Why Madoff Warnings Were Ignored: Regulators Had Wrong Incentives
Posted Jan 5, 2009 4:53 PM CDT
By Martha Neil
For nine years, Harry Markopolos tried to persuade the SEC that Bernard Madoff must be running an investment scam, contending that the strategy he claimed to be using didn't match up with known facts such as the volume of trading on the options market.
But, despite numerous investigations by the Securities and Exchange Commission and other regulators, reports the Wall Street Journal (sub. req.), the $50 billion Ponzi scheme Madoff allegedly ran under the guise of a hedge fund was never uncovered by the feds until Madoff himself reportedly confessed it to his sons late last year. Shortly thereafter, a federal criminal case ensued.
How can this be? One big part of the problem was that many in a regulatory role at the SEC and elsewhere were more concerned about advancing financial industry interests—and polishing their own resumes for subsequent jobs within it—than serving in the unpopular role of public watchdog, reports the New York Times in a scathing op-ed column over the weekend.
And, in a congressional hearing today, a top SEC official seemingly agreed that the agency had fallen down on the job, according to another Wall Street Journal article.
In addition to investigating to determine who specifically may have failed to follow up appropriately on complaints about Madoff by Markopolos and others dating back at least to 1999, SEC Inspector General H. David Kotz said in the text of his prepared testimony for the House Financial Services Committee, an attempt should also be made "to provide the Commission with concrete and specific recommendations to ensure that the SEC has sufficient systems and resources to enable it to respond appropriately and effectively to complaints and detect fraud through its examinations and inspections."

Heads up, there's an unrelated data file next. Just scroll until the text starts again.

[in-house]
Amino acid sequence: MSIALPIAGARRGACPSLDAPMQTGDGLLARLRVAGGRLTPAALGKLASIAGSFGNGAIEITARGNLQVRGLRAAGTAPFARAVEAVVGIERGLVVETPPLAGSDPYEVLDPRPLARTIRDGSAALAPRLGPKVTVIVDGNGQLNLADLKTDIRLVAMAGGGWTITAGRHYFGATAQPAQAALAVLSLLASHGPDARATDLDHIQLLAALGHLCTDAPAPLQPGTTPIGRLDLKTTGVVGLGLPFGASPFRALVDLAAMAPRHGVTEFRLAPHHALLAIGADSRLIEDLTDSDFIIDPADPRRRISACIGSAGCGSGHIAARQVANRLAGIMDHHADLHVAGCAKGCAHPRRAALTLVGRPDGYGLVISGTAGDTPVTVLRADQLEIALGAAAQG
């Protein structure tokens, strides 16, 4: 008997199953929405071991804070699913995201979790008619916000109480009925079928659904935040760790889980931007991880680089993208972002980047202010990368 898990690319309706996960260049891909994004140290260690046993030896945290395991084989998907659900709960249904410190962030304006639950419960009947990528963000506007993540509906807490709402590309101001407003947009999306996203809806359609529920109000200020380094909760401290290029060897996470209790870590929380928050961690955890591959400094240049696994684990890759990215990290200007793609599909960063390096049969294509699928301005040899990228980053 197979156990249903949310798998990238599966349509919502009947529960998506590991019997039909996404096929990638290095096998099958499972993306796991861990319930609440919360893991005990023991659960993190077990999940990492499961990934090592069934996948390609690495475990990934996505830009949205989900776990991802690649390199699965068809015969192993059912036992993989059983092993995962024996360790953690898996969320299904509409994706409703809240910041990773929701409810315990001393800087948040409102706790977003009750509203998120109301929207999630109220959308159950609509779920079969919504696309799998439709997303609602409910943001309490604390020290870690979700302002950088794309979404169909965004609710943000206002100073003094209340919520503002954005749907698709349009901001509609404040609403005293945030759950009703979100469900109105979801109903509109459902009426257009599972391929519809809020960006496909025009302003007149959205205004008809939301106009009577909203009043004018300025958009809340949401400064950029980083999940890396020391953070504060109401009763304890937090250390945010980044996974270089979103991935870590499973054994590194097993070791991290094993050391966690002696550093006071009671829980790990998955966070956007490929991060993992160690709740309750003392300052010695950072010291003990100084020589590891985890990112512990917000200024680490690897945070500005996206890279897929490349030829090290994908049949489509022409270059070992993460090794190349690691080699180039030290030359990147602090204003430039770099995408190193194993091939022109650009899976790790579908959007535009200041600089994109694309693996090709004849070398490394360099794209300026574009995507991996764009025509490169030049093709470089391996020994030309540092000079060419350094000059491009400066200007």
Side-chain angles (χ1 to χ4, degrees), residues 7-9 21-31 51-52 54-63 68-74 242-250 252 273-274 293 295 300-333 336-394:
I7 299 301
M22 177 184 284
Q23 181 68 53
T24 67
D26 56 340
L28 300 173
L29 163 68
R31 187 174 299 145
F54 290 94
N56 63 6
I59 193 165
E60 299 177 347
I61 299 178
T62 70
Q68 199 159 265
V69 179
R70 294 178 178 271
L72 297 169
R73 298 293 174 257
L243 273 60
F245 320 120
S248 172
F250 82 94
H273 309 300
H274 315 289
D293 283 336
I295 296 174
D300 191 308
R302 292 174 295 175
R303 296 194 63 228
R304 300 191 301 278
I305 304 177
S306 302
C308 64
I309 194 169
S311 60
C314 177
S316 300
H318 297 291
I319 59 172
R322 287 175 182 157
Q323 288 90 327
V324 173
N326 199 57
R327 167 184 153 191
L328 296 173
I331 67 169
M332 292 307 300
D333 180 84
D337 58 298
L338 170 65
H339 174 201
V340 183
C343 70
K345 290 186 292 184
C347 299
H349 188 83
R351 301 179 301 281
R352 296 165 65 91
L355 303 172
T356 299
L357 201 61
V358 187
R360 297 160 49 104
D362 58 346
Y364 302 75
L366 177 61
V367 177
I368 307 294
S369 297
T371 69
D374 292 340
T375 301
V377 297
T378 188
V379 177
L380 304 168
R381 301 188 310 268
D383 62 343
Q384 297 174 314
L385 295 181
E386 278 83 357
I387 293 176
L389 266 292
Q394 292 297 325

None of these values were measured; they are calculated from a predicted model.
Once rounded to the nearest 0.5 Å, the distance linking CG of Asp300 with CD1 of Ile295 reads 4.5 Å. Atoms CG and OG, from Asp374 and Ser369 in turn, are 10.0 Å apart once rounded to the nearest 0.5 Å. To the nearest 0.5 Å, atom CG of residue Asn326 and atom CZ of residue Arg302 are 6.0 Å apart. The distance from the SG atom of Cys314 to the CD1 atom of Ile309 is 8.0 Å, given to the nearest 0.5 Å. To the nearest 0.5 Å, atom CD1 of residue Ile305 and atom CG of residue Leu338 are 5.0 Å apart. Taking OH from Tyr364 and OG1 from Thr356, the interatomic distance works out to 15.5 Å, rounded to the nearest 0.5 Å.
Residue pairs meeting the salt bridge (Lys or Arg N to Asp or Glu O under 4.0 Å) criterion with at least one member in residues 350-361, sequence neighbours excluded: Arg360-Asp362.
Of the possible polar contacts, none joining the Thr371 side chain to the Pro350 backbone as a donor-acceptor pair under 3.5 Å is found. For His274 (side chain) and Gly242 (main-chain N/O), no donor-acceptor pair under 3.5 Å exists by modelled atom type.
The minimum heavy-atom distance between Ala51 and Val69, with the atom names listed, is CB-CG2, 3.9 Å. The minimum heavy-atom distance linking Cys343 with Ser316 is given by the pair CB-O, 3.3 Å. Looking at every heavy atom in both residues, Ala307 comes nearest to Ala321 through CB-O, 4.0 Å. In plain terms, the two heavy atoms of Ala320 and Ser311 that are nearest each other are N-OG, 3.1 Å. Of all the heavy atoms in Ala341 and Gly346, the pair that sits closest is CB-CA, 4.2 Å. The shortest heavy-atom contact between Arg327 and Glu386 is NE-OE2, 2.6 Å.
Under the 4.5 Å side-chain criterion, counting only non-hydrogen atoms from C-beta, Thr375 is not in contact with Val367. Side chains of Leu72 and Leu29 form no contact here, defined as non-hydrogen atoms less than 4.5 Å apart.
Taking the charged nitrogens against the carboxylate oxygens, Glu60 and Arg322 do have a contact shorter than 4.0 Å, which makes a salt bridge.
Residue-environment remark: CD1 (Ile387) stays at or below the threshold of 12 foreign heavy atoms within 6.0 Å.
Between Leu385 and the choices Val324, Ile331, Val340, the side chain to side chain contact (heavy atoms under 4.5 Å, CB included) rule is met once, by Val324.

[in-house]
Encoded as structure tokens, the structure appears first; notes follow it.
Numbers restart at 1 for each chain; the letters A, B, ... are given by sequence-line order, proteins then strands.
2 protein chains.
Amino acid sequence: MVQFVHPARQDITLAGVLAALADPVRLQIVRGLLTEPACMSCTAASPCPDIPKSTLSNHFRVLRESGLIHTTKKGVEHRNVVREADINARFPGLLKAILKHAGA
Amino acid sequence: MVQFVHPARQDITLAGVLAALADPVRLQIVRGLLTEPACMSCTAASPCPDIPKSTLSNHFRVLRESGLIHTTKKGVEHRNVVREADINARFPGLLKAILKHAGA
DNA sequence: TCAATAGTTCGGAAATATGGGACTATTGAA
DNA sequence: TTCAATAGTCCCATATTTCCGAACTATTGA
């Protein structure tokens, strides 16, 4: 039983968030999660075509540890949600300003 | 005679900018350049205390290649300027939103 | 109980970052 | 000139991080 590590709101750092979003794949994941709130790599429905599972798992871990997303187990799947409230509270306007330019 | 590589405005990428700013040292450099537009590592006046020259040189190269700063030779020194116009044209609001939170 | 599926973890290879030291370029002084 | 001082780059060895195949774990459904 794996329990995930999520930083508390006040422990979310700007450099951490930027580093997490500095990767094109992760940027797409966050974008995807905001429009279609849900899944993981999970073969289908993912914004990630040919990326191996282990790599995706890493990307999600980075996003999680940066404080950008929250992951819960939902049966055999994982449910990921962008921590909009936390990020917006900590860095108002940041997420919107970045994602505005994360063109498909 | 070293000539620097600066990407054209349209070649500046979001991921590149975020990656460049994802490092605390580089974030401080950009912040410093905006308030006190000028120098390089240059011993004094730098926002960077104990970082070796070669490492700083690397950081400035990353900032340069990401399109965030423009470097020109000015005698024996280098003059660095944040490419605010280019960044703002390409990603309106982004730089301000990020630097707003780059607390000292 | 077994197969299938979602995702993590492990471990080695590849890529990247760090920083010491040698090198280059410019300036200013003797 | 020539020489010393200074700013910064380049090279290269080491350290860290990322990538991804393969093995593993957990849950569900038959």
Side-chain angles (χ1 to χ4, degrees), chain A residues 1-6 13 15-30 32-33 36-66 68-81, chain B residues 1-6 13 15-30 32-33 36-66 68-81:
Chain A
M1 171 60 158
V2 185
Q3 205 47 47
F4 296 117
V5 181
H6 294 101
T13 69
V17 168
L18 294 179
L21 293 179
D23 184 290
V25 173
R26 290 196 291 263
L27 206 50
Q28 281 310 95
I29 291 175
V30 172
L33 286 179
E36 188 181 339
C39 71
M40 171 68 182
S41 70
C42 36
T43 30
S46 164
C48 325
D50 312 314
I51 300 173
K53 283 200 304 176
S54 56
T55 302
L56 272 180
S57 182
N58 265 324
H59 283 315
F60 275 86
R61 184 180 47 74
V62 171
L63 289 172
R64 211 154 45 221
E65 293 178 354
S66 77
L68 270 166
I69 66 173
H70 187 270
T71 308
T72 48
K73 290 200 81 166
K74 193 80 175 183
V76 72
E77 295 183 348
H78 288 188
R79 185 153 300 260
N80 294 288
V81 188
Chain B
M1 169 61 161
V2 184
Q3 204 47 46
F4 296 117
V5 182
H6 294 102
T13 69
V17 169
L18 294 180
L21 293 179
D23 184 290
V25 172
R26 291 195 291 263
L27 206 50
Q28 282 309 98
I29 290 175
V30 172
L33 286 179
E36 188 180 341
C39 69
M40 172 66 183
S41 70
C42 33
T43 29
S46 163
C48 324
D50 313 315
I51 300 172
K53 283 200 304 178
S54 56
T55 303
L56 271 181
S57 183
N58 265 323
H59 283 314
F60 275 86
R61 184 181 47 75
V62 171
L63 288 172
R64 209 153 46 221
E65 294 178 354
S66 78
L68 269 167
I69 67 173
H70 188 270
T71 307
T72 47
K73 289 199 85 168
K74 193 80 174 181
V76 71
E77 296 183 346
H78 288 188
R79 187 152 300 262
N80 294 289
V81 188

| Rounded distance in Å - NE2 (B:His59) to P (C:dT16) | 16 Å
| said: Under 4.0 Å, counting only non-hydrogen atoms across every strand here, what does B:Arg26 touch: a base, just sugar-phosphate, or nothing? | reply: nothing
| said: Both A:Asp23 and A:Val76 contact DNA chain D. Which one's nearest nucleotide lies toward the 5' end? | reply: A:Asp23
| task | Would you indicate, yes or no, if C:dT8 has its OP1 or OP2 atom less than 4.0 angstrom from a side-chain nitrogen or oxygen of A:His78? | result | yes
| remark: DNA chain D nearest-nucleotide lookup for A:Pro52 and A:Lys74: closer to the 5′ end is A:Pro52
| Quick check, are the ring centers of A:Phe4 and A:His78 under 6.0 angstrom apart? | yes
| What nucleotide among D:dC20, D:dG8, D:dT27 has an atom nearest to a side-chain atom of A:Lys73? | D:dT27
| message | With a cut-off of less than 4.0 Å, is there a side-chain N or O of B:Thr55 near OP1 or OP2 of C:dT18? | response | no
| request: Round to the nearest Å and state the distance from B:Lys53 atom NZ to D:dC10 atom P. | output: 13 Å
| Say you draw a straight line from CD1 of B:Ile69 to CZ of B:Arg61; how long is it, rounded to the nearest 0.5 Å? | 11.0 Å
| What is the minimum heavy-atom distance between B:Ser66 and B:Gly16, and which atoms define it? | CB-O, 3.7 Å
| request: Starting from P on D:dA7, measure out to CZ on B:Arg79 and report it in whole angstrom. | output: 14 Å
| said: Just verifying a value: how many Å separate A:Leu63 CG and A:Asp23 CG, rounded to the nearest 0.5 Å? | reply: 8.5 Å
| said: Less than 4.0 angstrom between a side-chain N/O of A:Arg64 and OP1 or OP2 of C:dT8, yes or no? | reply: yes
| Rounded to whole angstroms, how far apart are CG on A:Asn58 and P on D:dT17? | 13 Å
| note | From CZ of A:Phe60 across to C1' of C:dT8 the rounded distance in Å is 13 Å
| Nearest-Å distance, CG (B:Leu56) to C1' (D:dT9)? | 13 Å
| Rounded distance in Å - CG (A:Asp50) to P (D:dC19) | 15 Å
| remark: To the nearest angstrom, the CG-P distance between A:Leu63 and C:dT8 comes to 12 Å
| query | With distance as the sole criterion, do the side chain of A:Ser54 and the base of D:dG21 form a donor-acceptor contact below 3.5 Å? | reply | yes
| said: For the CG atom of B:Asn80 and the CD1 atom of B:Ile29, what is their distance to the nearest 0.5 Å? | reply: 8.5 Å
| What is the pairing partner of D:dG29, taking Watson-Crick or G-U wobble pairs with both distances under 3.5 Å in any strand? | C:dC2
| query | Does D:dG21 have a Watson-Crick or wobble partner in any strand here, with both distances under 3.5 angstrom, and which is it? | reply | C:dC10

Kotz also said that he may expand the SEC investigation beyond the scope initially envisioned by commission chairman Christopher Cox, and indicated that possible conflicts of interest between SEC staff and those it oversees are one area of concern, according to a New York Times article about the hearing today.
Both the Times and the Wall Street Journal also say that whether regulators deferred unduly to Madoff could also be of concern to investigators.
"The financial crisis on Wall Street, coupled with the ever-growing Mr. Madoff scandal, have motivated Congress to consider a sweeping rewrite of the nation's regulatory structure for the financial services industry," the WSJ writes.
Markopolos, a former investment officer with Rampart Investment Management in Boston, also was supposed to testify today, but reportedly called in sick. Kotz plans to meet with him soon.
Updated at 5:05 p.m. to include link to additional Wall Street Journal article.
Earlier ABAJournal.com coverage: